Strategic cost cutting with Strategy&'s Fit for Growth approach

28 August 2017 5 min. read
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While the global economy is improving its momentum, many organisations still find themselves faced with lacklustre growth and profitability. By strategically cutting costs and using the ‘Fit for Growth’ approach however, companies can bolster their financial health, according to Marco Kesteloo, a partner at consultancy firm Strategy&.

Economic, social and political developments are making the world increasingly complex. The expectations of consumers, investors and shareholders play a role, in addition to increasing competition, regulatory pressure and ongoing digitalisation. According to Marco Kesteloo, a partner at Strategy& in Europe, which is PwC’s strategy consulting arm, “If companies fail to manage the increasing complexity, this leads to costs, while reducing costs is crucial for healthy business growth.”

Consciously save and invest won costs

“It is better not to reduce costs by chopping indiscriminately with a cleaver,” Kesteloo says. “You have to make conscious choices about where you save, what you invest in and what you can do efficiently or in a better way. It's about making sustainable growth possible and not saving through one-time costs cutting, to survive. If done incorrectly or ad hoc, cutting costs can make a company weaker and that is disastrous in this period.”

Fit for Growth approach

New competitors

To indicate how fast organisations need to respond to market changes and complexity, companies should consider the competition offered by new digital players as an example. "These companies have different business models and cost structures, and can become fierce competitors of existing companies on a very short time-scale,” Kesteloo states. “Take the supermarket landscape. Digital players are gaining a share rapidly, while new entrants are forming a new breed of competition. The acquisition of Whole Foods by Amazon for instance is a signal to the established order that formerly pureplay digital players are competing in more traditional channels. This trend demands adaptability and agility at incumbent companies.”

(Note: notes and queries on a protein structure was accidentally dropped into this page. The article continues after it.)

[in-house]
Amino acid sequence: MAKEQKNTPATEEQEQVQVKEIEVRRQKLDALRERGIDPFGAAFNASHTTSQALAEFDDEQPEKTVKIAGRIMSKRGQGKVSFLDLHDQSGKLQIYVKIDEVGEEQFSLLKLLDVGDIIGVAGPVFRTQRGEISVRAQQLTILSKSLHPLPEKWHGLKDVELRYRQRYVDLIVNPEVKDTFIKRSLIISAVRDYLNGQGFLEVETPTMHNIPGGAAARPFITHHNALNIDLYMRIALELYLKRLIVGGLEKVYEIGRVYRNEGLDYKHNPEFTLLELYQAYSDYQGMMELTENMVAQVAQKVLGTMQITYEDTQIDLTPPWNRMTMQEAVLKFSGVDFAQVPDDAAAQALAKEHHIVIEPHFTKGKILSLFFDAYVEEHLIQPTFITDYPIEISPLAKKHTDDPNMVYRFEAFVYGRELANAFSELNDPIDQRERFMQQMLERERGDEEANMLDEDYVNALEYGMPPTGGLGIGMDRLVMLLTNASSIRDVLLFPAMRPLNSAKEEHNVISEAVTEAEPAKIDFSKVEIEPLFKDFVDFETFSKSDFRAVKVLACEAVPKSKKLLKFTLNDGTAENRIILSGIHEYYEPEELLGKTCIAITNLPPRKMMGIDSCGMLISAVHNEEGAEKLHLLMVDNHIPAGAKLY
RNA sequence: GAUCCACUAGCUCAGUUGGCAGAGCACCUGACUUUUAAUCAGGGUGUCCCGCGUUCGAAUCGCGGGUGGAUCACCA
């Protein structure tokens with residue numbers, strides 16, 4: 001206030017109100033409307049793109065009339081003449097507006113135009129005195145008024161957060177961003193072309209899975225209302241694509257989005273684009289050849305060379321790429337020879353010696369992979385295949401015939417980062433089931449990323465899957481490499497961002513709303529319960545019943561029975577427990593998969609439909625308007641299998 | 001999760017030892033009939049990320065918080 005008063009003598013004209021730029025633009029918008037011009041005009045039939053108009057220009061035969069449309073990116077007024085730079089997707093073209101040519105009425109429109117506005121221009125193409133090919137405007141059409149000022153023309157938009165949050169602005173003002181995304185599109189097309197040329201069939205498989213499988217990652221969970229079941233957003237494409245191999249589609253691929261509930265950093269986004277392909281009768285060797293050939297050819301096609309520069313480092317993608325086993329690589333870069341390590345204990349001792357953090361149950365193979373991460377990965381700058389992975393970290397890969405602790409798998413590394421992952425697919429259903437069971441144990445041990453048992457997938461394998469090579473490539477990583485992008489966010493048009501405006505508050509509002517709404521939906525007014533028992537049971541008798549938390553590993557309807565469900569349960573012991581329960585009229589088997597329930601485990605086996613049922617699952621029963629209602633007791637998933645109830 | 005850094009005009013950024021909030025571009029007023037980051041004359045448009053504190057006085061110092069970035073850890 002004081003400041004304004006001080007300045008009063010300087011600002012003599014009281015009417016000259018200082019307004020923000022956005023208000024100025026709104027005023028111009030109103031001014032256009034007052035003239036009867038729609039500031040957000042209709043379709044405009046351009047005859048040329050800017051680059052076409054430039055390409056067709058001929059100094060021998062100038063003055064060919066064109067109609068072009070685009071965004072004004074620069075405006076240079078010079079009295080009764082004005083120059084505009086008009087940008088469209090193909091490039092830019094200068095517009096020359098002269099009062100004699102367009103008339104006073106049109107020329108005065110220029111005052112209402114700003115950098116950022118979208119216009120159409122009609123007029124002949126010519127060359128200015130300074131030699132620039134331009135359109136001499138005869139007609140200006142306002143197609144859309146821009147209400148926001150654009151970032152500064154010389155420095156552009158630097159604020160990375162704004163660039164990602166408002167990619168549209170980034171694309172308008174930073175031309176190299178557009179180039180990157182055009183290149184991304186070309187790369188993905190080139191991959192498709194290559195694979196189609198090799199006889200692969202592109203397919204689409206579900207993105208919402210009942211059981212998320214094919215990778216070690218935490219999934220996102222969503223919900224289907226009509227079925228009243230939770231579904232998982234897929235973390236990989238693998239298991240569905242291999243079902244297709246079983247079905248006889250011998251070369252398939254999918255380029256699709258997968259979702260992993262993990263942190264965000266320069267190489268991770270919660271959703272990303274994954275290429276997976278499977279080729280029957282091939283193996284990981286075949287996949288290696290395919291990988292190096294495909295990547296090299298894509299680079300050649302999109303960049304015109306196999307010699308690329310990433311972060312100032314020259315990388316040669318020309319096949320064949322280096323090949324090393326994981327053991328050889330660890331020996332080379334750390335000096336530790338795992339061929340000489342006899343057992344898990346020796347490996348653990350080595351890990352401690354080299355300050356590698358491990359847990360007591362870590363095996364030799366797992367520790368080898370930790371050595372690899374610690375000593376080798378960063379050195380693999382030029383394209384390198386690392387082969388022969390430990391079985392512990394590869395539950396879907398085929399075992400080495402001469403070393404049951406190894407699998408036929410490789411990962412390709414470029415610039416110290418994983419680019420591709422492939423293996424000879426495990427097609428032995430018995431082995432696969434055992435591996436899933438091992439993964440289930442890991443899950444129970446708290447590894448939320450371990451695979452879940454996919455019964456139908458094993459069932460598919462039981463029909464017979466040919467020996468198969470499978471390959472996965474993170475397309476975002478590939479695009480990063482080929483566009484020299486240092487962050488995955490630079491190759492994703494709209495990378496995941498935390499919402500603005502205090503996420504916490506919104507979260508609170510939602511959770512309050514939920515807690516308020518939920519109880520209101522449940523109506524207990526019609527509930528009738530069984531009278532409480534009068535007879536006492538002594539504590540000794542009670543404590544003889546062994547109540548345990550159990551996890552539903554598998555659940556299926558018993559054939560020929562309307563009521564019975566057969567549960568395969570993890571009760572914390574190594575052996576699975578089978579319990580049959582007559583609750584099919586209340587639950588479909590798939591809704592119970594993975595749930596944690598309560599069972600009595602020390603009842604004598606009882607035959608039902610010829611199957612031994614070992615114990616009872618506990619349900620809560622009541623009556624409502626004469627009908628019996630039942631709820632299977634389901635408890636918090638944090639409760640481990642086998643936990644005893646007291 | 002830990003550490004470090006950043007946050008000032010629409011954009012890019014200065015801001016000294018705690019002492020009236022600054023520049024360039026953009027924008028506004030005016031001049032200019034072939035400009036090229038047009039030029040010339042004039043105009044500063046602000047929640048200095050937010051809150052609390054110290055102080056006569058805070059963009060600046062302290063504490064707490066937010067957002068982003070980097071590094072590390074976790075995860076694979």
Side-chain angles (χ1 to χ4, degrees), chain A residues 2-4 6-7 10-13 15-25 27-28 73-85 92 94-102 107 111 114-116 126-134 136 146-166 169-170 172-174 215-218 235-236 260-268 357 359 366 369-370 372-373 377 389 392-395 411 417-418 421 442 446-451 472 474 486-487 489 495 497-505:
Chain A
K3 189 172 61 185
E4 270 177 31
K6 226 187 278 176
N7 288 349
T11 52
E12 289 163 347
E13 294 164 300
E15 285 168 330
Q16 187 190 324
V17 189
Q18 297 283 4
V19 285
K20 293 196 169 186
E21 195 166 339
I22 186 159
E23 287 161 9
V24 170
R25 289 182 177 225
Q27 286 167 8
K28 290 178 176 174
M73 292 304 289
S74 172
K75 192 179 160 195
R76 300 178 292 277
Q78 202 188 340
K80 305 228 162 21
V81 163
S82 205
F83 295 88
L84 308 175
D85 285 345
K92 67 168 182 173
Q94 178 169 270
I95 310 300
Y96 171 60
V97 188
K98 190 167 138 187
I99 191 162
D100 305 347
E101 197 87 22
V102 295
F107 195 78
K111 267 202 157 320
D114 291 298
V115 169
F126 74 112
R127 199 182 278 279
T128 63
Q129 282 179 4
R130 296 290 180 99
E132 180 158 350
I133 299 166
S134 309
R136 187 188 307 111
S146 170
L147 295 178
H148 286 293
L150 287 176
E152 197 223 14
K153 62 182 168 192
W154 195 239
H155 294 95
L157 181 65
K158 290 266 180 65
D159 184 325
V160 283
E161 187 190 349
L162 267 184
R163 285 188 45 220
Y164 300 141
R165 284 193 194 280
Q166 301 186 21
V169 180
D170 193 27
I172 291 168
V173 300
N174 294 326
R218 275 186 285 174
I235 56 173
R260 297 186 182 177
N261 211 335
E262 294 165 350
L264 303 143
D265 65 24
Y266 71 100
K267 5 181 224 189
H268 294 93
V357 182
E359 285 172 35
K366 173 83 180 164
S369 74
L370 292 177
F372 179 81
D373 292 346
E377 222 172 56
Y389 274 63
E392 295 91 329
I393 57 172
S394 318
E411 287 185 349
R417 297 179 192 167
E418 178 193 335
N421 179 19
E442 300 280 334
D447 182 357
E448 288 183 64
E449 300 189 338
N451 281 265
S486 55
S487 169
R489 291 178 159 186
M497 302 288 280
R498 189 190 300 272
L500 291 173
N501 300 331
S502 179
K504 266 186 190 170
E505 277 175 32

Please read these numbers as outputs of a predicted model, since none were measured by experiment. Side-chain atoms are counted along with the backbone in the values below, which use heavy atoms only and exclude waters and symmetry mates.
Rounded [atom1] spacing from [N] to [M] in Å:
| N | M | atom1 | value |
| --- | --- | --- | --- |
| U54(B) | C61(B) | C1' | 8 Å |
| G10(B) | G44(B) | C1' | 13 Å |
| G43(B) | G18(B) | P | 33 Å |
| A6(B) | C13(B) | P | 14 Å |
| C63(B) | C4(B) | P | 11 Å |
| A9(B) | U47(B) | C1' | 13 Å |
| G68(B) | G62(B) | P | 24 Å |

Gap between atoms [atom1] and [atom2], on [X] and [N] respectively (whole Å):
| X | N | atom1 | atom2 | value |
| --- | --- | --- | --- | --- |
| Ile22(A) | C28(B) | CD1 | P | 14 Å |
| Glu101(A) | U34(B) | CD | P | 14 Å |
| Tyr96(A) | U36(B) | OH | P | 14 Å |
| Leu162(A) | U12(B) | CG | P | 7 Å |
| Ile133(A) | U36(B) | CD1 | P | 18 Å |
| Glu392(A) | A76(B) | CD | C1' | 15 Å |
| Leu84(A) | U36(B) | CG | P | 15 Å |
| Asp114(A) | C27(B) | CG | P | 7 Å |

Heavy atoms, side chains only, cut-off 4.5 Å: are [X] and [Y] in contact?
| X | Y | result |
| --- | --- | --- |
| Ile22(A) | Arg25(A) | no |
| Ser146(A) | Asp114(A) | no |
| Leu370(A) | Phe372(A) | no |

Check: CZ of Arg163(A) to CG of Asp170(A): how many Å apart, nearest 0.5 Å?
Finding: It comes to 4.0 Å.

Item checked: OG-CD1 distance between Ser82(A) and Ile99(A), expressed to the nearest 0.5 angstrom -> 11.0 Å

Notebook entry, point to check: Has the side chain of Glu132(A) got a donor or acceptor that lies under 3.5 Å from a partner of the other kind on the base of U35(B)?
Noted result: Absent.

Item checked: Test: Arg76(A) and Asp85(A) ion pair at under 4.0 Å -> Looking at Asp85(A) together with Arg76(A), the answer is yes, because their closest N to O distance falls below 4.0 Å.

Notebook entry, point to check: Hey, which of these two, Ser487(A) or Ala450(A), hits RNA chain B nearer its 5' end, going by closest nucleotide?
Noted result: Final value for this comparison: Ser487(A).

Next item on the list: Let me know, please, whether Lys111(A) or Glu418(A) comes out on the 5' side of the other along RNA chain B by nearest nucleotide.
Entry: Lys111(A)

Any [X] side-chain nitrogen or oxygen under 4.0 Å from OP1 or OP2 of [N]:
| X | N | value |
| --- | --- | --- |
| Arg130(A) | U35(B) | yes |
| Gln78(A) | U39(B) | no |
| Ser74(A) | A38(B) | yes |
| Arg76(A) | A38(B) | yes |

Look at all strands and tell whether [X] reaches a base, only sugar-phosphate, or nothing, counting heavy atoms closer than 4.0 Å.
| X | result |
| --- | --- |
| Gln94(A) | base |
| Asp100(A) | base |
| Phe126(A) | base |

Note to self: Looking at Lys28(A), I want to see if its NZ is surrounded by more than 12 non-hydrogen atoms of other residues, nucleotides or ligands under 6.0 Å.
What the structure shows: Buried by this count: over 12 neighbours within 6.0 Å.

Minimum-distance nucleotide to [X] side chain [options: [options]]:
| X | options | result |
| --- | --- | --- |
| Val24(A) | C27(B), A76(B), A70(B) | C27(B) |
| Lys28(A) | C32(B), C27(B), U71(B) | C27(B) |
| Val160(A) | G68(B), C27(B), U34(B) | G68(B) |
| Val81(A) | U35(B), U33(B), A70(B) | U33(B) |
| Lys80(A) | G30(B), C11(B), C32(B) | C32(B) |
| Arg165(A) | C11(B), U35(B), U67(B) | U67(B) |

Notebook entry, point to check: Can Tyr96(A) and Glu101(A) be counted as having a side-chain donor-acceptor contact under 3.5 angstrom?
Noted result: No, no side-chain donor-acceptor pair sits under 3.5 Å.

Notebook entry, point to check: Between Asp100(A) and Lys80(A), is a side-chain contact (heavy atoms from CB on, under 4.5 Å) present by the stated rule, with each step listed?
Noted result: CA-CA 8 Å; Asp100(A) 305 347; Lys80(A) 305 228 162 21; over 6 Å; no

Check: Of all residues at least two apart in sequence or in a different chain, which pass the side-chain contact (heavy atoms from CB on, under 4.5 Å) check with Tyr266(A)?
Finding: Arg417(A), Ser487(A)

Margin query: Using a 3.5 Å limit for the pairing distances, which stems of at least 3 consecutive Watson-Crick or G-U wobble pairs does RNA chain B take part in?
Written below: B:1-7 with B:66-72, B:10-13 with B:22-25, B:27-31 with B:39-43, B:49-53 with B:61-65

Good and bad costs

The Fit for Growth approach, derived from the management book ‘Fit for Growth: A Guide to Strategic Cost Cutting, Restructuring, and Renewal’ (authors: Vinay Couto and Deniz Caglar, both from Strategy& in the US), offers this form of manoeuvrability by structuring companies to be permanently lean-and-mean. The method distinguishes between good and bad costs, taking into account the strategy of an organisation as a starting point.

Kesteloo: “It's key for an organisation to invest in areas which add value to its competitive edge, while saving costs in areas that are not in line with the strategy. That is the key to sustainable growth and success. From this viewpoint, utilising benchmarks is less relevant as the strategy is of course different for each organisation.”

Strategy&’s Fit for Growth framework

Structural causes

When looking for ways to save costs according to the Fit for Growth method, no departments or parts of an organisation are left unturned. “The message must be: we are all in the same boat,” says Kesteloo. “It's also important to always look forward and not to dwell in the search for those at fault for mistakes in the past. However, you need to investigate the structural causes of excessive costs, because you learn from it as an organisation.”

New digital opportunities

Digital developments are disrupting existing business models, but also open the door to new opportunities. “Similar to new digital players, existing organisations can use digital solutions to work more efficiently and save costs. In addition, existing organisations can develop new capacities based on digital capabilities, enabling them to distinguish themselves in the marketplace and increase their revenues. The key to success is that the approach is embedded in the strategy and processes, and that leadership is committed to the transition.”

Recent transformation examples

People and communication

The Fit for Growth approach is about 'hard numbers', but also about people and communication. “We look at both the decisions that need to be made and the norms underlying them, because if you understand the corporate culture, you can better implement cost savings.”

“To implement a new (cost) strategy, a CEO must clearly demonstrate commitment and ensure that managers want to convey and implement the change programme. Change in an organisation demands a lot of people's engagement and energy. Good communication is crucial, because it is the only way to get people to follow the new plan. Managing a few quick wins at the beginning can help.”

Permanent change

It is important that, leveraging the Fit for Growth approach, lasting change is realised. Nevertheless, organisations often end up cutting costs that return over time. On this, Kesteloo concludes, “Staying on the diet requires a lot of discipline and focus, yet it is necessary because cost savings will pave the way for investment and growth.”